|Photos||Video & Audio||Blogs||Statistics||Archive||Shop||Mobile|
Mohammad Isam in Mirpur
December 7, 2012
West Indies captain Darren Sammy said that batting till the final over of the innings, despite the clutch of early wickets, made the difference for his team in the fourth ODI in Mirpur. They fought their way to 211 for 9 after losing half their side by the 24th over, and that total eventually proved to be too big for a Bangladesh line-up that looked all at sea against quality pace bowling.
"Looking at the way the game was unfolding, I always told myself that if we bat till the end we stand the chance of scoring 190-plus," Sammy said. "It is about applying yourself in the middle. My partnership with [Darren] Bravo was crucial. We just said 'let us try to bat deep'.
"We wanted to have a go in the last four overs. We kept losing wickets, so we had to push [launching the final surge] back. But it proved today that 212 runs was a lot [to chase] on that wicket."
Sammy's all-round performance was, ultimately, the difference between the two sides. He held firm with the bat after West Indies had fallen to 102 for 6 in the 32nd over from the relative comfort of 71 for 1 just an hour before. He took stock of the situation and batted calmly with Darren Bravo, the pair adding 43 runs for the seventh wicket. Bravo was caught and bowled by offspinner Sohag Gazi, one of several poorly-timed dismissals for West Indies, in the 43rd over.
Sammy then had the likes of Veerasammy Permaul and Sunil Narine for company but, even now, rather risking hitting out and allowing his team to be bowled out, he kept his head. He only launched in the last three overs of the innings, taking 35 valuable runs. He did have a life, being dropped at deep-square leg on 30 when West Indies were 168 for 8, and he made it count for his team.
"Last game it was Marlon [Samuels], today it is me. It is about players putting their hands up and doing what matters for the team," Sammy said. "As a leader, you always try to lead from the front. It gives you a good feeling inside. It won't happen all the time because it is a team sport but when you do it, it feels good."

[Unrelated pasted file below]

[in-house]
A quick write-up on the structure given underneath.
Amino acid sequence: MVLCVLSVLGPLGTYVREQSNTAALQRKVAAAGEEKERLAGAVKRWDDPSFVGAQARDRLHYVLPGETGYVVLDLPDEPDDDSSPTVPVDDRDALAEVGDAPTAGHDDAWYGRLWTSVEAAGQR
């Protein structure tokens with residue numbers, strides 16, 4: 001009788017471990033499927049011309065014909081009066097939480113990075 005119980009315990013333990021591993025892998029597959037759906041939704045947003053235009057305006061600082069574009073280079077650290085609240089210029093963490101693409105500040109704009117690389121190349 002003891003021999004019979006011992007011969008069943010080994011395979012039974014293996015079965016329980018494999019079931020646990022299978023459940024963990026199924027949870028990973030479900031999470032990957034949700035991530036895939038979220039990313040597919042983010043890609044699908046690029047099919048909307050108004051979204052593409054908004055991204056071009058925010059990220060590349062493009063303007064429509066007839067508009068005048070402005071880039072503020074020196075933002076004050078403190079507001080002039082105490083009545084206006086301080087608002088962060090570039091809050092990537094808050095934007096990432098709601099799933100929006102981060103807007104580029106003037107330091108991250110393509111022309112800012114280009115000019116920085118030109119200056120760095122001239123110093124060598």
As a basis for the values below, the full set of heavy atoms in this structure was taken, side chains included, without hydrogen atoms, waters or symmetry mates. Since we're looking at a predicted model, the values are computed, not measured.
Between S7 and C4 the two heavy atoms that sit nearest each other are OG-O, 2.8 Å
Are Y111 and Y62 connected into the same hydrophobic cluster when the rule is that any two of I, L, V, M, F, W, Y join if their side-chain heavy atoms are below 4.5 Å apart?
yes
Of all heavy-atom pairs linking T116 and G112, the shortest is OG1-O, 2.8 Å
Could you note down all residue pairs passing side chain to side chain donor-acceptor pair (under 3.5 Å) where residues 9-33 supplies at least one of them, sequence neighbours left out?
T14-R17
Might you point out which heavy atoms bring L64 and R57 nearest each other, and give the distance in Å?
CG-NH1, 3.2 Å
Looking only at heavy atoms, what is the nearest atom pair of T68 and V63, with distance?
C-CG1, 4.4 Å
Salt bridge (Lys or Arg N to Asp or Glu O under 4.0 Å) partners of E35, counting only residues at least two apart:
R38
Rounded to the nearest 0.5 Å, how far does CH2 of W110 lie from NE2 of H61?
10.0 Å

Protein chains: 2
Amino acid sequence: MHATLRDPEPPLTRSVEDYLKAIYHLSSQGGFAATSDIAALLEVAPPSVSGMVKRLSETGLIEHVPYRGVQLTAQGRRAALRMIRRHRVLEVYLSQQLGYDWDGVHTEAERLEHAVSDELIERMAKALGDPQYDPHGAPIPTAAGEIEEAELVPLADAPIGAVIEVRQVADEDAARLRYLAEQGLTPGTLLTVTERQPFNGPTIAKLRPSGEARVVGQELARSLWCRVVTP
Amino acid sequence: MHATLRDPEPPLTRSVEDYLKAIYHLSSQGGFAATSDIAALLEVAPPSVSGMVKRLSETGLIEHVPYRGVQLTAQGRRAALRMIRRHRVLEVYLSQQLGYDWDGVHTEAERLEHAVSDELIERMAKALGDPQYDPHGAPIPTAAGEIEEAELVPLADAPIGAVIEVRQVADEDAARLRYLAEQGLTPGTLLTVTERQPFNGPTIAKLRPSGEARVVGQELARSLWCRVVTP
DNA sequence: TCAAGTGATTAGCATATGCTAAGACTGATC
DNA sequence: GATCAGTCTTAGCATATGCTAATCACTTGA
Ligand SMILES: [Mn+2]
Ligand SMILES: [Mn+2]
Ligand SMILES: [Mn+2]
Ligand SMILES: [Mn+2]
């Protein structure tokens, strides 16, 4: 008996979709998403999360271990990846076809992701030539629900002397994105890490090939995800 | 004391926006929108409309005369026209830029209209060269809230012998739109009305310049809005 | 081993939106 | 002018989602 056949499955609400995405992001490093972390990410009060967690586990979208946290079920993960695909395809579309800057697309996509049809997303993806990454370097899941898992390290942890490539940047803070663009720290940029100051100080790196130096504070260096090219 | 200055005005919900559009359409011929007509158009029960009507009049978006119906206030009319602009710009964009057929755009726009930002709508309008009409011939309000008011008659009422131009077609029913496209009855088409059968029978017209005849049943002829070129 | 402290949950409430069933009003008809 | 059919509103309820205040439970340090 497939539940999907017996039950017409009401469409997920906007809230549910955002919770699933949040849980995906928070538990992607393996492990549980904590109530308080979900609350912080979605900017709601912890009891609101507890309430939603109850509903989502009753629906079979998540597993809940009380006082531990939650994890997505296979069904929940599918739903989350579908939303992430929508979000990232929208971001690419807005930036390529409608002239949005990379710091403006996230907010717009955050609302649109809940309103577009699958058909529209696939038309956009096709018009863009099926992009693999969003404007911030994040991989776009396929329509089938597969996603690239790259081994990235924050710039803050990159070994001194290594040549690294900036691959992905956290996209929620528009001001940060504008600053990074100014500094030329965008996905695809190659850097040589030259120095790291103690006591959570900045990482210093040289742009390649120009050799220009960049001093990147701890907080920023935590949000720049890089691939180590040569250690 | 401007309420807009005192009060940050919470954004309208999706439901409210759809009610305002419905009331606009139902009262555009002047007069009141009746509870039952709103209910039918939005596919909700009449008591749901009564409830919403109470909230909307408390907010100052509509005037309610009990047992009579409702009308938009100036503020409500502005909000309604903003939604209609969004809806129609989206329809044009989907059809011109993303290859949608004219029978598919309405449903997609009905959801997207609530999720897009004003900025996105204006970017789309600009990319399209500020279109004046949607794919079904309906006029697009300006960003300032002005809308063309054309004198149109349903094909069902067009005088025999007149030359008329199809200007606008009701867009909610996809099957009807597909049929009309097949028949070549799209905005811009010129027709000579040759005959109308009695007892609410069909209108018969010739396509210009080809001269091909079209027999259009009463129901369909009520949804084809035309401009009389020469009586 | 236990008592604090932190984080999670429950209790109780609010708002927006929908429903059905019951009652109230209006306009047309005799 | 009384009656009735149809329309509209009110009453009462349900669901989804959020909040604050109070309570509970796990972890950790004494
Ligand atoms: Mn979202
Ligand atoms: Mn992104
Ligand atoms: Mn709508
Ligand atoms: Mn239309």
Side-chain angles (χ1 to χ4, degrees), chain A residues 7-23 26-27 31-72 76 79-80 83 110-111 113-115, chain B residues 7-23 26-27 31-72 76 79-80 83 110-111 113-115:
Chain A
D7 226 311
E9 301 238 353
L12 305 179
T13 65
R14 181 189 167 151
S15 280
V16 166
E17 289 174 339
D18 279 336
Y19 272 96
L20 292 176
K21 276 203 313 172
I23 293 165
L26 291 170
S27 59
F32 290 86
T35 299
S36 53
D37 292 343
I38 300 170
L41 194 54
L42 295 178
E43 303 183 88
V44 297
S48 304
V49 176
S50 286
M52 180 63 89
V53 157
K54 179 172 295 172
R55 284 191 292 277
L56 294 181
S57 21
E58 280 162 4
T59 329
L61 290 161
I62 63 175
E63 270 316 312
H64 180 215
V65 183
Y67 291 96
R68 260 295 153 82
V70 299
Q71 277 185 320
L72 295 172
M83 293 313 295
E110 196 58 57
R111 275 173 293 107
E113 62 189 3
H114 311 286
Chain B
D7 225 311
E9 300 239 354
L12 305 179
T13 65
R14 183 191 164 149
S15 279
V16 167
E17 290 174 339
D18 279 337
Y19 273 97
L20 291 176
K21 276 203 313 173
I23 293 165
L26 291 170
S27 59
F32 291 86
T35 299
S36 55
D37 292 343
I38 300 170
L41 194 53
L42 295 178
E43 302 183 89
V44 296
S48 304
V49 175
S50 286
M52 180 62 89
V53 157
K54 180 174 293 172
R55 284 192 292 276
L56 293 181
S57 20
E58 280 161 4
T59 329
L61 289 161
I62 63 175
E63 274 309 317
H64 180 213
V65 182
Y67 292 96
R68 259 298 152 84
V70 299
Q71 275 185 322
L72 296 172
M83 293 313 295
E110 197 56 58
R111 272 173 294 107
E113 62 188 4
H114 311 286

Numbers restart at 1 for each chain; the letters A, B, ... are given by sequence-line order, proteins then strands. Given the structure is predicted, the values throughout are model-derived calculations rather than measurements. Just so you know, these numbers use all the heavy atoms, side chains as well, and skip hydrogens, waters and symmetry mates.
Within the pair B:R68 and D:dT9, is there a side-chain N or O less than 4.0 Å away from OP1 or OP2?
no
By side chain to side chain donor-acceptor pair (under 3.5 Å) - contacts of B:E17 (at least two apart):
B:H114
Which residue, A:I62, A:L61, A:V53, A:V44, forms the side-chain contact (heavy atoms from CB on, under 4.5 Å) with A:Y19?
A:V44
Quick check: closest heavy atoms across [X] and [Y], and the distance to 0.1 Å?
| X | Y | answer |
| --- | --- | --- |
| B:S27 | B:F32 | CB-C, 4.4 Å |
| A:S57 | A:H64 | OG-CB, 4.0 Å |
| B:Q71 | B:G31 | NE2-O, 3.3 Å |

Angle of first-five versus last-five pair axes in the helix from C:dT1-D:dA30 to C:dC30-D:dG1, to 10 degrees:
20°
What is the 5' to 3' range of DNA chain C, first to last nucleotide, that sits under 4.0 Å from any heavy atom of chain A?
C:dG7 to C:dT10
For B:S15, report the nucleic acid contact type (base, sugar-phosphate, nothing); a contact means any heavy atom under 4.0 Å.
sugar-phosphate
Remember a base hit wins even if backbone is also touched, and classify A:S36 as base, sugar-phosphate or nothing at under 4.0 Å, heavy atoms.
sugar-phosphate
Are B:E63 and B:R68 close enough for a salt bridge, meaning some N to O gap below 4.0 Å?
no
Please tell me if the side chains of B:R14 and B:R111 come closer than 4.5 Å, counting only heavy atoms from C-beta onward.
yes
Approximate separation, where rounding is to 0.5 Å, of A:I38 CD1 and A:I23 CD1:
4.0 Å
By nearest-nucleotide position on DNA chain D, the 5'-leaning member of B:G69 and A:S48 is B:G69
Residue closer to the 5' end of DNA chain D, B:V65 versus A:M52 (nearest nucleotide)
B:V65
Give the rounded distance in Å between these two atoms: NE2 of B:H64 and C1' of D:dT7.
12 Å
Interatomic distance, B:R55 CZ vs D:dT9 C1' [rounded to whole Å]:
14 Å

Sammy also made a major contribution with the ball, removing Anamul Haque and Naeem Islam off successive balls in his first over before accounting for Mominul Haque in his third over. He took advantage of the Bangladesh batsmen's impatience. With Kemar Roach, his opening partner, he had reduced Bangladesh to 13 for 5 by the sixth over, and the series-levelling win was all but confirmed.
West Indies thrived by attacking with pace and short pitched bowling up front and, today, the spinners did the other half of the job. The bowling unit's showing pleased Sammy: "Our pacers have been taking the wickets throughout the Test series. In this game the ball was carrying nicely, maybe because of the dew. We all know Kemar bowls 90-plus miles per hour. Even [Dwayne] Smith did a good job. Sunny [Narine] and [Veerasammy] Permaul got some spin. All the bowlers put their hands up."
Saturday's game now, for all intents and purposes, is a final, and West Indies are in the ascendancy. The pressure was on them when they returned to Dhaka from Khulna 2-0 down, and they have turned their form around as they would have liked. "It was a must-win game for us, I'm just happy that the team did what they had to do to win," Sammy said. "We have had good days in the Test series, the last [one-day] match ... We did what we had to do today, which is level the series. It sets up a big final tomorrow."
Mohammad Isam is ESPNcricinfo's Bangladesh correspondentFeeds: Mohammad Isam
© ESPN Sports Media Ltd.
|Comments have now been closed for this article
Also, most brothers in a Test XI, and the fastest to 20 ODI centuries
The gap between the haves and the have-nots is growing wider, and the disenchantment is forcing a devaluation of Test cricket among weaker teams
Zulfiqar Babar missed five seasons between his first two first-class matches, and was 34 when he finally made his Test debut, but he is quickly making up for all the lost time with his artful left-arm spin
Out of 70 batsmen who've scored 15 or more Test hundreds only five are from Pakistan, but Younis Khan's appetite for hundreds matches that of some of the top contemporary batsmen
Surviving into the final session of the last day cannot disguise the fact that Australia's continued inability to play spin contributed to an all-round thrashing
The offspinner was Australia's highest wicket-taker in 2013, but his form has dipped sharply this year
When a team loses its best bowler, it is expected that the team's performance will suffer. As usual, Pakistan defied the expectations